A corn scientist holds an ear of biotech corn inside a greenhouse at Monsanto’s research facilities in Chesterfield, Mo. On Friday, a federal judge threw out a case by a large number of farmers who were suing Monsanto to stop lawsuits against farmers who inadvertently ended up with Monsanto genes in their crops. (Los Angeles Times)
U.S. Federal Dist. Judge Naomi Buchwald ruled Friday to dismiss the case brought by organic farmers to stop patent infringement lawsuits brought by seed giant Monsanto. The suit, called OSGATA et al. vs. Monsanto, was brought by the Organic Seed Growers and Trade Assn. (OSGATA), as well as 82 other plaintiffs representing as many as 300,000 farmers.
“We’re Americans. We believe in the system. But we’re disappointed in the judge,” said Jim Gerritsen, an organic seed farmer in Maine and OSGATA president.
The farmers had sought a declaratory judgment against Monsanto to stop the agribusiness giant from suing farmers who ended up with patented genes in their seed crops through cross-contamination via wind or other accidental methods. Monsanto has said for years that it would not sue farmers who inadvertently acquired their patented genes, yet there have been over a hundred such lawsuits, including several against farmers who proved they had no intention of using Monsanto genes, and an unknown number of settlements that have not been disclosed. The farmers contend that this amounts to harassment, and that many of them have stopped growing profitable crops such as corn because of fear of contamination by Monsanto crops.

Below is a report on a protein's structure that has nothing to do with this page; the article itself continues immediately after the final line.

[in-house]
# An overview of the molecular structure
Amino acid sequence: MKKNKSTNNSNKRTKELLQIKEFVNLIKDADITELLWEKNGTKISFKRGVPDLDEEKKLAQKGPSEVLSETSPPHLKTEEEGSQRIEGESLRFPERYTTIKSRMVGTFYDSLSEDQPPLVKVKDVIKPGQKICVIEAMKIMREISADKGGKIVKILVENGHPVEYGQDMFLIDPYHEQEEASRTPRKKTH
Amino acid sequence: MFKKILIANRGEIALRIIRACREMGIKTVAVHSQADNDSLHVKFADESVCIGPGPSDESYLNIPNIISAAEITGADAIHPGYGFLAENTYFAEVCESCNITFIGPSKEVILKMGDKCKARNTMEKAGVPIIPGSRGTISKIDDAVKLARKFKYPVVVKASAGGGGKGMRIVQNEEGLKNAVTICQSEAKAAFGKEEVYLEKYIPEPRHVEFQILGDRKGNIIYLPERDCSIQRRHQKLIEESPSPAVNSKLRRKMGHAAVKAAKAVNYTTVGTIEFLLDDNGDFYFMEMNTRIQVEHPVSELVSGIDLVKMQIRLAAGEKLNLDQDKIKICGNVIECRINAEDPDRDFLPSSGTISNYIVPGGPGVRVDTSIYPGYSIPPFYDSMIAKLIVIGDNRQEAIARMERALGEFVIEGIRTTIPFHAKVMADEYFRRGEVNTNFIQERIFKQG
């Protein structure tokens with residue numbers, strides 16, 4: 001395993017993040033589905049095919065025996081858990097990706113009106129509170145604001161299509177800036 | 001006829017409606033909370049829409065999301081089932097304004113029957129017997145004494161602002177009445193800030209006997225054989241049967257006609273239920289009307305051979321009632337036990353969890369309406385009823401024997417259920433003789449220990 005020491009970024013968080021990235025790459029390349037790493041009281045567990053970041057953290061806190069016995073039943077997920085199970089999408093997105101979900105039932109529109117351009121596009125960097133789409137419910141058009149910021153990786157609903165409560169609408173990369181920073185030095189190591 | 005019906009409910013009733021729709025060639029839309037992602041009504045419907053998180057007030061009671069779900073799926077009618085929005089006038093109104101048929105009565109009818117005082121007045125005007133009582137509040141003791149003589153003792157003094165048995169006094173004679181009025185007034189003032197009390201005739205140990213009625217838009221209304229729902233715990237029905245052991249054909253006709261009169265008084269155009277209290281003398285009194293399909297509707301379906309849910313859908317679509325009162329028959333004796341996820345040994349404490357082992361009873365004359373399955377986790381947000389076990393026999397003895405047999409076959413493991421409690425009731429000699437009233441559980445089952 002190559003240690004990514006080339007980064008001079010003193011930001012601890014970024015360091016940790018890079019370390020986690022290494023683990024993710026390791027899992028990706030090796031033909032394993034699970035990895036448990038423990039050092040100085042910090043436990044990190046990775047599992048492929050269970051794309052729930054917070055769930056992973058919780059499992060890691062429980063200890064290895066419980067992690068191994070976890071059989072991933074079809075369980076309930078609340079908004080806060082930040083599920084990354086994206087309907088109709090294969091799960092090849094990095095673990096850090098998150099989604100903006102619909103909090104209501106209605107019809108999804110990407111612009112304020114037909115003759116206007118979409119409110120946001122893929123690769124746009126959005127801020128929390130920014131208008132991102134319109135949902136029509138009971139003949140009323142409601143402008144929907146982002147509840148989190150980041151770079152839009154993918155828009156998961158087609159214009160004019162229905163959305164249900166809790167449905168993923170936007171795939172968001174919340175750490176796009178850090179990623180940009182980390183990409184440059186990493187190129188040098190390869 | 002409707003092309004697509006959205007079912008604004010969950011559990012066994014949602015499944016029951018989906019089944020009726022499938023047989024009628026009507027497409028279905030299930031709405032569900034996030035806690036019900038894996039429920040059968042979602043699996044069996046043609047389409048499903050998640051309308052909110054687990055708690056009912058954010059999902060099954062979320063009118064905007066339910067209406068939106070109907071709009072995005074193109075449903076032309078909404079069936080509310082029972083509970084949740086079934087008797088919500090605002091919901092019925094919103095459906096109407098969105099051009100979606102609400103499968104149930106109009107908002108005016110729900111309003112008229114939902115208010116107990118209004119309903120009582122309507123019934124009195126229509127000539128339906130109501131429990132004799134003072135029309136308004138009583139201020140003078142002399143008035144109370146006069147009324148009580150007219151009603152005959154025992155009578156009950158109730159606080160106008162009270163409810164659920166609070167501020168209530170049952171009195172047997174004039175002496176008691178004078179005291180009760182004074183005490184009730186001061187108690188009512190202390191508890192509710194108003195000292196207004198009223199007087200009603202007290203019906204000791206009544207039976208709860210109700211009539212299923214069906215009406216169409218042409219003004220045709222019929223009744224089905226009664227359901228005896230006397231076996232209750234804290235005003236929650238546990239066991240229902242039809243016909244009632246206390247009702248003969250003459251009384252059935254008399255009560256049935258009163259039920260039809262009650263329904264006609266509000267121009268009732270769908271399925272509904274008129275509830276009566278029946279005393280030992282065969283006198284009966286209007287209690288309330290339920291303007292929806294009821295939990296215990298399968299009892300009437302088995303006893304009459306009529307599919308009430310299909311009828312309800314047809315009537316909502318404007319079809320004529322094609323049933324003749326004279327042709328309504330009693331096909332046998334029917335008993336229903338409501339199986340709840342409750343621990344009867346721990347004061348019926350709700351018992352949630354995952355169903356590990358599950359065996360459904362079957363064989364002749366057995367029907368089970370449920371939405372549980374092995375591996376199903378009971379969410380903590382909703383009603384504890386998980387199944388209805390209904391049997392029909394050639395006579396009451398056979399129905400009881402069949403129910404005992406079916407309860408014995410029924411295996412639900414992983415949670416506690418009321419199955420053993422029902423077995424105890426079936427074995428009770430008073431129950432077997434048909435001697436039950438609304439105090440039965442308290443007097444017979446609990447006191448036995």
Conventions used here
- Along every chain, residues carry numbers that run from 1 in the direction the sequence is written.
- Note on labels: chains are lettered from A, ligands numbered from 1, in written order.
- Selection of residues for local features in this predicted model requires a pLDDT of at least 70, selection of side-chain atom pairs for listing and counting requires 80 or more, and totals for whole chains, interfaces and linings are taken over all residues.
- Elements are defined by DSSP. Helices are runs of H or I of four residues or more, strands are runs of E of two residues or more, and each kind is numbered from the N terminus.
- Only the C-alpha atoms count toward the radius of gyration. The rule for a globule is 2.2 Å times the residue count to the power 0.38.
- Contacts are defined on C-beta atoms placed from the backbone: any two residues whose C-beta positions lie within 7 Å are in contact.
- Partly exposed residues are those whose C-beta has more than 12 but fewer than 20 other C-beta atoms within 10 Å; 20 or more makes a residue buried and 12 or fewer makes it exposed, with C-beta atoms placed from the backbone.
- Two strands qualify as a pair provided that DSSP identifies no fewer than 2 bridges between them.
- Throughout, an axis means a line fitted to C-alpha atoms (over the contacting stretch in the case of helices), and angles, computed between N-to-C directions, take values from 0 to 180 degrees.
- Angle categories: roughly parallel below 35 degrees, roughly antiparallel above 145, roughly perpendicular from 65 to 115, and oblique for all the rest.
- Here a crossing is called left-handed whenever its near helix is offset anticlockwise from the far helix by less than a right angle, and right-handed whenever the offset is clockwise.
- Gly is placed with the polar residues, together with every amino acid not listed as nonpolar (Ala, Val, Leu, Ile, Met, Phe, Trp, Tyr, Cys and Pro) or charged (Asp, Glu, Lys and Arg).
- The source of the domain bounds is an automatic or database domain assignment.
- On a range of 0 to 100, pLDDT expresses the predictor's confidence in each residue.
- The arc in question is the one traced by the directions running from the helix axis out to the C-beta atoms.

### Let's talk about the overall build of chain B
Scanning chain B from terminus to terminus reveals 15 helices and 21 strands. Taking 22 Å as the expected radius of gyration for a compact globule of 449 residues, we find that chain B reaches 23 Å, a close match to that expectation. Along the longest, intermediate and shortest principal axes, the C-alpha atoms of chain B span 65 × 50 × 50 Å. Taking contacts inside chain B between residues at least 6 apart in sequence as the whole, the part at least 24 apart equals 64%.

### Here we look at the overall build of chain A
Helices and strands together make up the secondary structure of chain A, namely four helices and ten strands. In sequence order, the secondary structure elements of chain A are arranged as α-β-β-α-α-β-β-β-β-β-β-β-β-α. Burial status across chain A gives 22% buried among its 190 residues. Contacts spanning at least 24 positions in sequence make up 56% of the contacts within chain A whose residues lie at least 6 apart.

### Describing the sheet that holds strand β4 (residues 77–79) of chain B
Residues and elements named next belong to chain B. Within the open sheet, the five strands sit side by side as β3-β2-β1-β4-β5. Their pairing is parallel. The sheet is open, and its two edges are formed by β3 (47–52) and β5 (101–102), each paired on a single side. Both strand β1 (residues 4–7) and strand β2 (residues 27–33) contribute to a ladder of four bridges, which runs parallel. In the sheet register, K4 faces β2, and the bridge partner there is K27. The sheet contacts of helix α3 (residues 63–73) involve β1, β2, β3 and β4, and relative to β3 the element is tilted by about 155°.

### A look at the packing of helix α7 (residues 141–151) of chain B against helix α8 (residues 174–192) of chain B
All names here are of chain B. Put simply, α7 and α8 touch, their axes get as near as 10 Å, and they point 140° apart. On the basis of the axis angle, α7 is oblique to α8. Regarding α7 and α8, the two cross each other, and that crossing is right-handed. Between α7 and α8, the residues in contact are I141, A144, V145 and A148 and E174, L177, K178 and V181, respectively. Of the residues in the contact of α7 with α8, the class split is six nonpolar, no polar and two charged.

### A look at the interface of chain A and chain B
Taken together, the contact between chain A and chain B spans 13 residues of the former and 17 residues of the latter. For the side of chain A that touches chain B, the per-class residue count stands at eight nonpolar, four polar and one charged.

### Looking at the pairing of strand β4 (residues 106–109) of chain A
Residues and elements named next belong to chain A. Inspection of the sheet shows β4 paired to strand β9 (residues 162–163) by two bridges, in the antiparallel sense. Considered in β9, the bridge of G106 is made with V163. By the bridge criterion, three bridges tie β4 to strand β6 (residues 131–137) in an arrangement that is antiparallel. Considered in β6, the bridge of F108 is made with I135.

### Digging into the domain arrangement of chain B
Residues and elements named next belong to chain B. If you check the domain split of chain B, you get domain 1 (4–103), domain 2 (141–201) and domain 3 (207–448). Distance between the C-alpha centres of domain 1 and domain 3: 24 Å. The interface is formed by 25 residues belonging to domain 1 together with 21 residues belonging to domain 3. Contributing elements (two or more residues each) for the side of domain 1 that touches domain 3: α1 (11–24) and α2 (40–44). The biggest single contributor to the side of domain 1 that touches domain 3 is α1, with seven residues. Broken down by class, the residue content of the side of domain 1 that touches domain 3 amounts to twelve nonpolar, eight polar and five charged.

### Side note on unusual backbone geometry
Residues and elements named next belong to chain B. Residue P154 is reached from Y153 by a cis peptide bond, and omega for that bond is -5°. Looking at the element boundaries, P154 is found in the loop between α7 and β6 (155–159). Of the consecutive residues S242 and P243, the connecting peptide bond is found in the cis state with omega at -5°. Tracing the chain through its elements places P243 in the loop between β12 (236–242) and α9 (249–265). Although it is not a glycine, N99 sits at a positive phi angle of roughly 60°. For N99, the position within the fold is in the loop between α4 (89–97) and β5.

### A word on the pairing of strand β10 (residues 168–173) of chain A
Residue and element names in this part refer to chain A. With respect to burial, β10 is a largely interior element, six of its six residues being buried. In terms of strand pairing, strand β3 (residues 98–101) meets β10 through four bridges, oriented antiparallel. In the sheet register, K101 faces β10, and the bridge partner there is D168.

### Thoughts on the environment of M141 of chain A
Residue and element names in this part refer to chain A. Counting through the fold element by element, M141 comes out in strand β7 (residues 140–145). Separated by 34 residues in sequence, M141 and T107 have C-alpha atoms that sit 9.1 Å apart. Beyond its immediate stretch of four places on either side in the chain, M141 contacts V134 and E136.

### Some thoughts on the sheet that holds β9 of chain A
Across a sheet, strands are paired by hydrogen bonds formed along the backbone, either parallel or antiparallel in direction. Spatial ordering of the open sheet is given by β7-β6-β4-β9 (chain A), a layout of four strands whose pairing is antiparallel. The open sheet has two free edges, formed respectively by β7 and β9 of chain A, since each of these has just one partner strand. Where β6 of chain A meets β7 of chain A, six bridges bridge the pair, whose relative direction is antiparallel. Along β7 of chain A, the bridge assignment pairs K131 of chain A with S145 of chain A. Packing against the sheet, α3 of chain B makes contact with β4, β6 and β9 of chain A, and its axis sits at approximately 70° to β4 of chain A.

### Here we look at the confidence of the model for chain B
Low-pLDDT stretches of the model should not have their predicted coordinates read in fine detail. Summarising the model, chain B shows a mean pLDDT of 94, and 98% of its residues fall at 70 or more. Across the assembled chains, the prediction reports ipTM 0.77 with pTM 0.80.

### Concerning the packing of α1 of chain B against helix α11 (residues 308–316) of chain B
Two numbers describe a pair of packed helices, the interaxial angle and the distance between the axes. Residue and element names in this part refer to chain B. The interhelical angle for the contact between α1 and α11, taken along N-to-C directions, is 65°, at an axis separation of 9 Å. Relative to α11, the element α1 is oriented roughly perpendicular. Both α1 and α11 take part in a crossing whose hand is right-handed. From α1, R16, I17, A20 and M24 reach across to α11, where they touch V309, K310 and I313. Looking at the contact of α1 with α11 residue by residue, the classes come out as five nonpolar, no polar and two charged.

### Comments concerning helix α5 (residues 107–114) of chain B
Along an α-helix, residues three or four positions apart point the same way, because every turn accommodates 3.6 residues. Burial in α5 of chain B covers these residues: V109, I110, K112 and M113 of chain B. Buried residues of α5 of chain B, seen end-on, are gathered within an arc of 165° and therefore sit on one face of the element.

The famers had hoped that one result of the law would be a reexamination of the patents held by Monsanto, which they claim are fraudulent. The judge’s ruling did not address those matters.
The plaintiff’s lead attorney, Dan Ravicher, executive director of the Public Patent Foundation at Cardozo Law School, said in a statement that he believes the judge made an error.
“Her failure to address the purpose of the Declaratory Judgment Act and her characterization of binding Supreme Court precedent that supports the farmers’ standing as ‘wholly inapposite’ constitute legal error. In sum, her opinion is flawed on both the facts and the law.”
Gerritsen says the farmers he represents will fight on.
“The situation that brought us to court is still there. Farmers need the protection of the court. We filed a completely legitimate lawsuit under the Declaratory Judgment Act. We do understand that we have the right to appeal.” He points out it’s a big group, and 83 different entities have to agree to go forward with the appeal. “This is already underway,” he says. “The discussions have already begun.”
Author: Dean Kuipers
Source: Los Angeles Times